Illustrated by Nick Griffin (He/Him)
CONTENT WARNING: transphobia, internal transphobia, enbyphobia, transmedicalism
You never really liked looking at yourself in the mirror. Dressing rooms always made you uncomfortable. Bathroom mirrors were the worst.
To be fair, self-confidence wasn’t exactly your forte. You didn’t think you had the best body around. You always had concerns about your body, but today these concerns were replaced with thoughts of self-doubt.
It was nothing too fancy. A black dress with a floral print. Nonetheless, you liked wearing it. The dress fit you perfectly, like a glove. It made you feel good. Empowered, even. The dress looked nice. It made your eyes pop, it complimented your skin tone. You were definitely rocking that ‘fit. You could see yourself wearing it with some black sneakers or perhaps some cute black boots with a box heel. There were so many combinations you could think of. The possibilities were infinite, and for once, you felt good about wearing a dress.
You constantly debated with yourself on whether or not you should actually wear it. You remembered scrolling through Twitter earlier that day, seeing a post that bothered you. You weren’t one to listen to the internet, but that particular post played on your own insecurities of “not passing enough.” The post was your basic “You can’t be nonbinary if you present as ‘female’.” Something along those lines. Weren’t you just exuding female by wearing this dress?
As you stared into the mirror, thoughts of “not passing” rushed to the forefront of your brain.
The notion was silly, of course. Deep down you knew that being nonbinary doesn’t equal androgyny. Wearing a dress didn’t make you any less trans, any less nonbinary, any less you. You didn’t have to be ashamed of showing off your voluptuousness. Yet, doubt started to seep into the cracks.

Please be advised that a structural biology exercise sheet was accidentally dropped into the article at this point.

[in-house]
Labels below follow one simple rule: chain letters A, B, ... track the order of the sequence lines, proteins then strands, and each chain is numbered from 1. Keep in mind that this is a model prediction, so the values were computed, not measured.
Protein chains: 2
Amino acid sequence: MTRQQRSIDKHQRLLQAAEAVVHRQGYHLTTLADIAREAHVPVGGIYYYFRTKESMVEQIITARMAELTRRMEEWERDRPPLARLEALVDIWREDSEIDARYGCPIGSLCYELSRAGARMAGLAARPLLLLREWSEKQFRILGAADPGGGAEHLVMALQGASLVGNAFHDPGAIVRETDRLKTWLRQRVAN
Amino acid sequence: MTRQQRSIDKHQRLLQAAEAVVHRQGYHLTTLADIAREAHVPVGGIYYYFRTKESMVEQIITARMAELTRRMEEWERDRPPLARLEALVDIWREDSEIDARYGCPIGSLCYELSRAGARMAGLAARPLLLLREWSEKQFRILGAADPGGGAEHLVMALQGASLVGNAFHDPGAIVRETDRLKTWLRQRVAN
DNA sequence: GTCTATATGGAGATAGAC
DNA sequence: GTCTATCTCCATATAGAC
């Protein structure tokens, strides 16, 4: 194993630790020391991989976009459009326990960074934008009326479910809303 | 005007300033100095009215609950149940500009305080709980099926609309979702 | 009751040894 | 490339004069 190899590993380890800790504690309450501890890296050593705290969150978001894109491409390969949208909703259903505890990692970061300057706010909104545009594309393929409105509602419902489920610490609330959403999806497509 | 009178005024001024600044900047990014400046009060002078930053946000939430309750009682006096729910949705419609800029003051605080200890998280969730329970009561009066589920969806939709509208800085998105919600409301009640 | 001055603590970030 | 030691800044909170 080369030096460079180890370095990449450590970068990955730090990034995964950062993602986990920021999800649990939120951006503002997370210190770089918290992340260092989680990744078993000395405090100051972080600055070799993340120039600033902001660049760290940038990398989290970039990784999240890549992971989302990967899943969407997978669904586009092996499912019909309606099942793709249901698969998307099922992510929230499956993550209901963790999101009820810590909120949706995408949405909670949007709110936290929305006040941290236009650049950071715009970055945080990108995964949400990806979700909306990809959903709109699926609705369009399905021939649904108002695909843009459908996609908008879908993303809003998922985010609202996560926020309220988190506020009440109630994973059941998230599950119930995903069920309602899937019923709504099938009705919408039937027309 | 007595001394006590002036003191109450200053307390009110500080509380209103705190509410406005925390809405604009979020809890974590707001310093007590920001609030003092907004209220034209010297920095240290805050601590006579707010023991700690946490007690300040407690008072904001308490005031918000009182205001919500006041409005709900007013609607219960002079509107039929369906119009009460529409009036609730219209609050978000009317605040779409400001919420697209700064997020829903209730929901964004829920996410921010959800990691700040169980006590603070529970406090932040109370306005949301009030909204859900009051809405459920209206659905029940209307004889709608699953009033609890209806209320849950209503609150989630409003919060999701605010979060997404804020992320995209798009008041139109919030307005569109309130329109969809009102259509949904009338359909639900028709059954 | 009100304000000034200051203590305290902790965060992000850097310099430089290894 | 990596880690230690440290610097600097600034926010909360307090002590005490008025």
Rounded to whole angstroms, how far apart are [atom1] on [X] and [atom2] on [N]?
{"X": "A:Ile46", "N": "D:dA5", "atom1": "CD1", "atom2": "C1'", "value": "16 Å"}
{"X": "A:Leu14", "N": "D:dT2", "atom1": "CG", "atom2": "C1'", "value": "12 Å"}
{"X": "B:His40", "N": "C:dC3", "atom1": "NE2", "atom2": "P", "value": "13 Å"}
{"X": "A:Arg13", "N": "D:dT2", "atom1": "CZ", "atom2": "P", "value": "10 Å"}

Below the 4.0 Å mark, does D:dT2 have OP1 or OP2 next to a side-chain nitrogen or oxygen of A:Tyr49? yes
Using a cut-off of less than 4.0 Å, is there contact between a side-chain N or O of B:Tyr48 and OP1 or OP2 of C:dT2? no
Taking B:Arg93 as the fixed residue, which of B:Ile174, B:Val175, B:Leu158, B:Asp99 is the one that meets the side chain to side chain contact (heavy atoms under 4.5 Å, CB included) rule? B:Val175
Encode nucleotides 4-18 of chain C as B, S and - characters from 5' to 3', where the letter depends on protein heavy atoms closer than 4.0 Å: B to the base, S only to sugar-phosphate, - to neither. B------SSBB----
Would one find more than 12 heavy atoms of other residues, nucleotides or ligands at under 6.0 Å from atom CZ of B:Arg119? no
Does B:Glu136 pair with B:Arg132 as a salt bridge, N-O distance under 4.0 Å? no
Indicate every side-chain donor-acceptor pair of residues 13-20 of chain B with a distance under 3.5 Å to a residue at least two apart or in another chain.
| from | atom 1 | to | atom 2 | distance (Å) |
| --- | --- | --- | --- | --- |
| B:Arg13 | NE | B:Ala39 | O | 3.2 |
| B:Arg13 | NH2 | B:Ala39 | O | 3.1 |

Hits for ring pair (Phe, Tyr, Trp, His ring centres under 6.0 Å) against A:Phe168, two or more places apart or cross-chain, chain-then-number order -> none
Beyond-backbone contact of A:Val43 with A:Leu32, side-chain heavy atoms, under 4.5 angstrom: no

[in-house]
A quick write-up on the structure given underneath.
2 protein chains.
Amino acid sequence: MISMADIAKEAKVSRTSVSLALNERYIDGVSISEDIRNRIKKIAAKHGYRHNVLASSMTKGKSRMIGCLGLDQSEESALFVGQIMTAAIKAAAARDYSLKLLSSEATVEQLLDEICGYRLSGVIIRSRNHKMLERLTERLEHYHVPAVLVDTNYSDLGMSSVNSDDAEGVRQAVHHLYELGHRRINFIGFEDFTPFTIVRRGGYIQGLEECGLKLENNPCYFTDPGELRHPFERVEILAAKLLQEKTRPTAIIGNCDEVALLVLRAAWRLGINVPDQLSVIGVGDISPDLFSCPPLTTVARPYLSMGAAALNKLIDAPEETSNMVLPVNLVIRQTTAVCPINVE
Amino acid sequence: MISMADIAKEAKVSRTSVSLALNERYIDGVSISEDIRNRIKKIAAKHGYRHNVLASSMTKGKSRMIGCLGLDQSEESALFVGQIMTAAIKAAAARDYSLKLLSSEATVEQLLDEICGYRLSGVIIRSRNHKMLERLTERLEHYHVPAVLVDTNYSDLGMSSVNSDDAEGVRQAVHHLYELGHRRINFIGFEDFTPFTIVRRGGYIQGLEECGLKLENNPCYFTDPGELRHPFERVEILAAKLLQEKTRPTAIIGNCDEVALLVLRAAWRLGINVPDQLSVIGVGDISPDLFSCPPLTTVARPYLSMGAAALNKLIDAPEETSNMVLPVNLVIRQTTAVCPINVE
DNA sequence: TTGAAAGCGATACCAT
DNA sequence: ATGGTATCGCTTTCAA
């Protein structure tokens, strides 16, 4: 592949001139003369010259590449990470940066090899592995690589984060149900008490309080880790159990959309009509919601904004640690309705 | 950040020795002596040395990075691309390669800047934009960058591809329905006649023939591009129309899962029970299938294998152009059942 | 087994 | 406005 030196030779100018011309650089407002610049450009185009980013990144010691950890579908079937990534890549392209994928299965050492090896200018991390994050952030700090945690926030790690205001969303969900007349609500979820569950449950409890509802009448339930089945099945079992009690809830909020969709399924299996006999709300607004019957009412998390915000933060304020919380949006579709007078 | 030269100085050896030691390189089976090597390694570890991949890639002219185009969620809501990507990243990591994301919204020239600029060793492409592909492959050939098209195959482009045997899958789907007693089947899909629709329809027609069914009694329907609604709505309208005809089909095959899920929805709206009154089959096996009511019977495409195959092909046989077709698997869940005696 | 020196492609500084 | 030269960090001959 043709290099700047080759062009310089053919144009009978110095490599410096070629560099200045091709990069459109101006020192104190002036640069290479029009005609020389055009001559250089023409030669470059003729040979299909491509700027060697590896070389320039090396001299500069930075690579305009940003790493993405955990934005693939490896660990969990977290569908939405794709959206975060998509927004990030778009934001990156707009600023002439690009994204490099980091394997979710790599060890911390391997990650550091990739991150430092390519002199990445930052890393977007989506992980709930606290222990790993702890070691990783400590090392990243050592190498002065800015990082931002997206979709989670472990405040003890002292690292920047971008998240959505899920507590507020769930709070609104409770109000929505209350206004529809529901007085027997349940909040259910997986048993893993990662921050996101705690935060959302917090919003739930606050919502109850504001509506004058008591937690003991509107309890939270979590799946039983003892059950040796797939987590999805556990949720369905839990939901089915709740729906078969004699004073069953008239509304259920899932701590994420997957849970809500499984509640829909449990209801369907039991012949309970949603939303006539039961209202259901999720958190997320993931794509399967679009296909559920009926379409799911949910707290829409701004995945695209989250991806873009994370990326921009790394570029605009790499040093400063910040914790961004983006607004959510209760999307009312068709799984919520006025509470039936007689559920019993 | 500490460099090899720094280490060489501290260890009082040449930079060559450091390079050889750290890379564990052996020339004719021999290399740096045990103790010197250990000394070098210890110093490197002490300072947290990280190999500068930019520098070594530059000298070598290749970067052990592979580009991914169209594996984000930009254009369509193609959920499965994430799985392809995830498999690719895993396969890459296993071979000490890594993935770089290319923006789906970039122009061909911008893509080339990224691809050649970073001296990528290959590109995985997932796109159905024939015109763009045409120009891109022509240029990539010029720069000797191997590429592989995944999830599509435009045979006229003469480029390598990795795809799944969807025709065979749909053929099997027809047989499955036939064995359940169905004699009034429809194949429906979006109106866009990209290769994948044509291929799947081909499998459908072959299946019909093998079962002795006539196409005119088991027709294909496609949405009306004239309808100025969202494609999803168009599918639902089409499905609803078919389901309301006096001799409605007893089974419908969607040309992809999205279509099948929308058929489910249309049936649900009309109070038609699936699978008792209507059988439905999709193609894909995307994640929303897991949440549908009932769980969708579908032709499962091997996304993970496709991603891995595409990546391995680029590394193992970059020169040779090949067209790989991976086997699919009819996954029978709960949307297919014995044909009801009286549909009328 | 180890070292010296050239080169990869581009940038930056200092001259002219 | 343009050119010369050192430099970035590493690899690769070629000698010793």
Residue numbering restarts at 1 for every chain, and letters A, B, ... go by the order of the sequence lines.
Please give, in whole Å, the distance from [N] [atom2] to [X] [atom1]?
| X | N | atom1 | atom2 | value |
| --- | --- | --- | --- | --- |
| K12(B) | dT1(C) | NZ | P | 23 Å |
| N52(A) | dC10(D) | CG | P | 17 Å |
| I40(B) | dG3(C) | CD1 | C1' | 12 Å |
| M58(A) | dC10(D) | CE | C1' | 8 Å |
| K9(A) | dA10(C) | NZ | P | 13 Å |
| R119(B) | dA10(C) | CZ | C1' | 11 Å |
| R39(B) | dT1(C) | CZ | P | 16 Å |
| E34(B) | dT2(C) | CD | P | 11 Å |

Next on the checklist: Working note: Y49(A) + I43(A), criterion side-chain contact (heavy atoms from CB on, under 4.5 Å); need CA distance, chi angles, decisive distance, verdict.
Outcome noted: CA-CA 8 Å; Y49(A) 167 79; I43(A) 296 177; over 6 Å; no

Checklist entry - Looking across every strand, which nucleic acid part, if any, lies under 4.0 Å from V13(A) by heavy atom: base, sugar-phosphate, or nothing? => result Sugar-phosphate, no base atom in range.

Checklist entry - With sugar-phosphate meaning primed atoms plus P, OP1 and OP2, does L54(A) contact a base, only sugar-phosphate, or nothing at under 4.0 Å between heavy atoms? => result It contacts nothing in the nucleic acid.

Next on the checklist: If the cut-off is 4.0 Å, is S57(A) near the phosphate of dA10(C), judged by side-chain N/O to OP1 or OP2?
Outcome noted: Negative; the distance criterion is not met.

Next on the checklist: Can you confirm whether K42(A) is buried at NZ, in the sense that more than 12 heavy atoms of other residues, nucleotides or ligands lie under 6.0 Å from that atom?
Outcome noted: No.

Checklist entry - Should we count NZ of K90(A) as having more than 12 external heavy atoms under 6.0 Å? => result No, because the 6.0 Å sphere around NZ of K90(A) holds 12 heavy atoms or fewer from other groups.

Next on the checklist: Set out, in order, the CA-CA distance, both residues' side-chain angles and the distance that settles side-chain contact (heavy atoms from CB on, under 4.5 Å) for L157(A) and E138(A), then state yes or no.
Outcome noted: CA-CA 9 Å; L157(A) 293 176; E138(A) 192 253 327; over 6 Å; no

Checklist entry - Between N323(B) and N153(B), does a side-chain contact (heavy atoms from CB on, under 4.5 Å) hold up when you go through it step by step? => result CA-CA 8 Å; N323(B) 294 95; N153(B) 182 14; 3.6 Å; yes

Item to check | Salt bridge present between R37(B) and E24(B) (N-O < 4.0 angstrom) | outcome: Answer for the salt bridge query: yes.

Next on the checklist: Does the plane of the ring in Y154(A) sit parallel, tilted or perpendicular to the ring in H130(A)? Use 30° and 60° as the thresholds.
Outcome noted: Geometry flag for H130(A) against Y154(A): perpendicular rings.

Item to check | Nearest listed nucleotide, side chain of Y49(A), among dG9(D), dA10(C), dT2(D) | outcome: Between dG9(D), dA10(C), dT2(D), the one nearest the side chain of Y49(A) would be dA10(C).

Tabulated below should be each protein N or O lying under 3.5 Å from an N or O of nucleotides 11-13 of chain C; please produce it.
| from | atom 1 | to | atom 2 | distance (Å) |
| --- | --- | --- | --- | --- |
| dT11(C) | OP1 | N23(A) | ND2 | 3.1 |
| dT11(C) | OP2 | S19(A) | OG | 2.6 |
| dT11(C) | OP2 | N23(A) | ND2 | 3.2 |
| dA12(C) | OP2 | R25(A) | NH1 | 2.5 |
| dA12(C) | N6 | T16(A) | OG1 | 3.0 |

What am I doing? You thought to yourself, as you stared into the mirror. Anxiety started to creep in. All of a sudden you hated this dress. It was no longer something you wanted to wear.
It reminded you all too much of what you wanted to hide. It was a reminder of the posts that seemed to have a hook on your thoughts, reeling in the anxiety of being mistaken for someone that you weren’t. This little black dress was a trap, an indication that they were right. If you wore that dress, you would be surrendering your truth of being nonbinary.
You take the dress off.
You decide to wear something simpler.
Later on, you would see a post praising Harry Styles for wearing a tutu on his promotional pictures for Saturday Night Live. He could embrace femininity and people would still see him as a man. He could wear pink and no one would really tell him that he was wrong for wearing pink.
There is a lingering feeling in your chest. An aching sadness.
Why can’t you embrace femininity as well, without being invalidated and told that you aren’t nonbinary enough? If Harry Styles can wear a tutu without his gender being questioned, why can’t you wear a dress and not be questioned about being nonbinary?
So, you make a decision. From now on, you’ll wear whatever you want. “Nonbinary” doesn’t have to be androgyny. You can embrace both femininity and masculinity. You can wear a dress. You can wear pants. At the end of the day, you’re comfortable with yourself.
Because you know that you’re nonbinary.
You look into the mirror, grinning from ear to ear as you finally wear that kick-ass dress you just bought. You do a little dance, feeling yourself as you do a twirl. It’s just your size. The color makes your eyes and your skin pop.
It was just a little black dress. Who is to decide that you’re nonbinary? Nobody can make that decision but yourself. You aren’t nonbinary because you do or don’t dress androgynously.
The same thing applies to every outfit. You can wear that kick-ass suit that your mother is so against because no matter what, you still are nonbinary, and you look amazing in anything and everything.
For the first time, you love looking into the mirror. You finally see the genuine you.
That’s what matters.
You are you. No matter how you dress.
Don’t let anyone tell you otherwise.